Brolga: an Australian Journal about Dance, "Anatomy of a dance work", No. 36, June, 2012. (Guest Editor) This edition investigates and documents the making of "Anatomy of an Afternoon" by Martin del Amo in collaboration with dancer Paul White.
About Performance, “in between moves”, No. 11, 2011. (Guest Editor with Justine Shih Pearson). This About Performance is dedicated to writing about moving. These articles, collected under the subtitle In-Between Moves, explore movement in the spaces between: between bodies and other bodies, bodies and objects, bodies and places, bodies and time. They examine how being in these spaces can be conceptualised through ideas and experiences of motion.
Brolga: an Australian Journal about Dance, 33, December, 2010. (Guest Editor) In this edition choreographers: "Shelley Lasica, Martin del Amo and Narelle Benjamin talk candidly and elegantly about the way they make work—how they begin, how they collaborate with others and how they get things done. The Fondue Set—Jane McKernan, Elizabeth Ryan and Emma Saunders—offer a fascinating response to a set of provocations. They reveal their process in a three-part harmony that speaks to the particular concerns of this group of female artists. Helen Herbertson, Trevor Patrick and Tess de Quincey provide poetic reflections that speak to the nature of the work they produce. This results in beautiful, powerful prose that evokes, rather than explains, the why, when and how of their devising processes. But what I like about this more figurative approach is the way in which their writings help me re-imagine the sensibility of their performances. Brain Lucas gives us a generous, reflective musing on how even established artists are in a constant and continuing state of development and growth, and Julie-Anne Long takes us on a journey, through the inspiration, creation and realisation of a working process. She reflects on collaboration and the influence of place with a word skill that replicates her expertise as a dancing devisor." (editorial)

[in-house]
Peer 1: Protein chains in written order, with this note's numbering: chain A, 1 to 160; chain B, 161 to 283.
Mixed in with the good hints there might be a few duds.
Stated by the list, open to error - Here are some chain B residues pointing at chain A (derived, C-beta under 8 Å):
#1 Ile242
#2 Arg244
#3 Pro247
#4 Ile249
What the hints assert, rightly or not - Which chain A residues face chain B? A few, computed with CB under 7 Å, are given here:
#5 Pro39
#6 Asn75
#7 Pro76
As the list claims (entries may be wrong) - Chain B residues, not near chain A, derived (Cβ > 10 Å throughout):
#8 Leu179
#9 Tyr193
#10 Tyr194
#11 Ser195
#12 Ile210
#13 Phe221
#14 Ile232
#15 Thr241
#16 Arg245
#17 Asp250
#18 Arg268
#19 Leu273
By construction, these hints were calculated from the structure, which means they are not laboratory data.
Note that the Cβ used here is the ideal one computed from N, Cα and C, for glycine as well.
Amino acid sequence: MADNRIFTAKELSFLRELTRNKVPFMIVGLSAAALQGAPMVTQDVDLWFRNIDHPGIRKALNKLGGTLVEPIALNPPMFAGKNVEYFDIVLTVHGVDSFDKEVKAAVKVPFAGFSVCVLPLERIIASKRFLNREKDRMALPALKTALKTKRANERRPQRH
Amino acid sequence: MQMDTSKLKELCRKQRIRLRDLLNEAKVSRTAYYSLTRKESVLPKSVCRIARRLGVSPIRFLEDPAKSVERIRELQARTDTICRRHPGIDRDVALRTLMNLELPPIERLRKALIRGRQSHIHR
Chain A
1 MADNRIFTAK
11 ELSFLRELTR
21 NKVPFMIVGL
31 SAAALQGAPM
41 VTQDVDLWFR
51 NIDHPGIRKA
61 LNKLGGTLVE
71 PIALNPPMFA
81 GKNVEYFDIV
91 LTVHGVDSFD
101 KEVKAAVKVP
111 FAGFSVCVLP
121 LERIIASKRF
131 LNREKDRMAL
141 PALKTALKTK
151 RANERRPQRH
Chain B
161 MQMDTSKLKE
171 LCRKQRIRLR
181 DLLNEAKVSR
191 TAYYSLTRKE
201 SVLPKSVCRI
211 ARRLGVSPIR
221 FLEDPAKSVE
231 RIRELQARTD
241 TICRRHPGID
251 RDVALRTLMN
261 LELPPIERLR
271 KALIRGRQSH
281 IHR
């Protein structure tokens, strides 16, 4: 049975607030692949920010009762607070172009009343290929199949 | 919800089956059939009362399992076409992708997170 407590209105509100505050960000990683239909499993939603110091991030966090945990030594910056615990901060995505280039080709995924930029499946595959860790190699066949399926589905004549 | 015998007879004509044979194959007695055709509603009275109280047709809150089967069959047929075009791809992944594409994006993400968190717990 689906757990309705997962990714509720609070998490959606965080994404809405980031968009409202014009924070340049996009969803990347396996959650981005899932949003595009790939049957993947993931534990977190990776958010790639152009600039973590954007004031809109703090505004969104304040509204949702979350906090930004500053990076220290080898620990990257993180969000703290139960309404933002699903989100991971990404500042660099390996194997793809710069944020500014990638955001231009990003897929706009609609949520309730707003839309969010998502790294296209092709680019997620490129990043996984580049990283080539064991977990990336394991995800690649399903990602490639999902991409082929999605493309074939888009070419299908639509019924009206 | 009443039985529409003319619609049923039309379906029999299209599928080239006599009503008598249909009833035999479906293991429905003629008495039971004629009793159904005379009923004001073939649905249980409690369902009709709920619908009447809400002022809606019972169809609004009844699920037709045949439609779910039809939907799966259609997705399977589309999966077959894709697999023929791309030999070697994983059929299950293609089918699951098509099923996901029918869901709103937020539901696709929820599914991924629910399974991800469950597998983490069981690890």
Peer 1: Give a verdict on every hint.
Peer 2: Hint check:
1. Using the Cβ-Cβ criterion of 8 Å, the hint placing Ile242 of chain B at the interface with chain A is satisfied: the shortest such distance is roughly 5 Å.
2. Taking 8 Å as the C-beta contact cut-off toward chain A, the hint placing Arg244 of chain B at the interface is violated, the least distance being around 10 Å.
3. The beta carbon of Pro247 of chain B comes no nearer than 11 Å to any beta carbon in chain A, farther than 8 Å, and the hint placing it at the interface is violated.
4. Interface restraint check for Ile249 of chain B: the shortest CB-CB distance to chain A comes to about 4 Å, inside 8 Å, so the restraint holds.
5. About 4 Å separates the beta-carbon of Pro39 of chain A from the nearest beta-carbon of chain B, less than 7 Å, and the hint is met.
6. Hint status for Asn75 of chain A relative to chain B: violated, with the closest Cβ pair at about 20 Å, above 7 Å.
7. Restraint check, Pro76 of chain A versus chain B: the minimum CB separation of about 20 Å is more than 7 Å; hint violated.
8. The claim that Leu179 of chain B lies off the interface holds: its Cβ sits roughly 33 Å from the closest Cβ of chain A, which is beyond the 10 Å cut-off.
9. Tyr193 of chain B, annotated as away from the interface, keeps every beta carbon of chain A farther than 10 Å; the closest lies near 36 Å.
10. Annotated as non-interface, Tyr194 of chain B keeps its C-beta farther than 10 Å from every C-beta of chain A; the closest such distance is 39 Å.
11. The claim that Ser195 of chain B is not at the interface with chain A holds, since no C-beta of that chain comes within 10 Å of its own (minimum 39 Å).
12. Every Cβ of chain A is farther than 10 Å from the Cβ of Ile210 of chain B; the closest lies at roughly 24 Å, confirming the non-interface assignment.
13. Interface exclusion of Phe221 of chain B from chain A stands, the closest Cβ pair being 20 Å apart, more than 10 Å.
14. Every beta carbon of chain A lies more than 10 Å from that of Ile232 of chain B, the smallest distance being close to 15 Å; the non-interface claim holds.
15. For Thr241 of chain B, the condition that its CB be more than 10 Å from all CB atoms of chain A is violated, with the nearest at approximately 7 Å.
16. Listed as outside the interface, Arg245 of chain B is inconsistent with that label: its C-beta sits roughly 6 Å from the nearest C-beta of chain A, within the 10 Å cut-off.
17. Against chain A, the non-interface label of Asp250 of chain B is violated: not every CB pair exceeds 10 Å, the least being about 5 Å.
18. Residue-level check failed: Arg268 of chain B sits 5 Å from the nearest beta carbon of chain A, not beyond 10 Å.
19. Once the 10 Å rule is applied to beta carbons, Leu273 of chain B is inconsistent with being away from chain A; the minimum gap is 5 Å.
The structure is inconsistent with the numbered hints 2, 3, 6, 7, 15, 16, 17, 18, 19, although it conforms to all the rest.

Brolga: an Australian Journal about Dance, 29, December, 2008. (Guest Editor)
Currency Companion to Music and Dance in Australia, Currency Press, 2003 (dance consultant assisting managing editors) Currency Press, Sydney.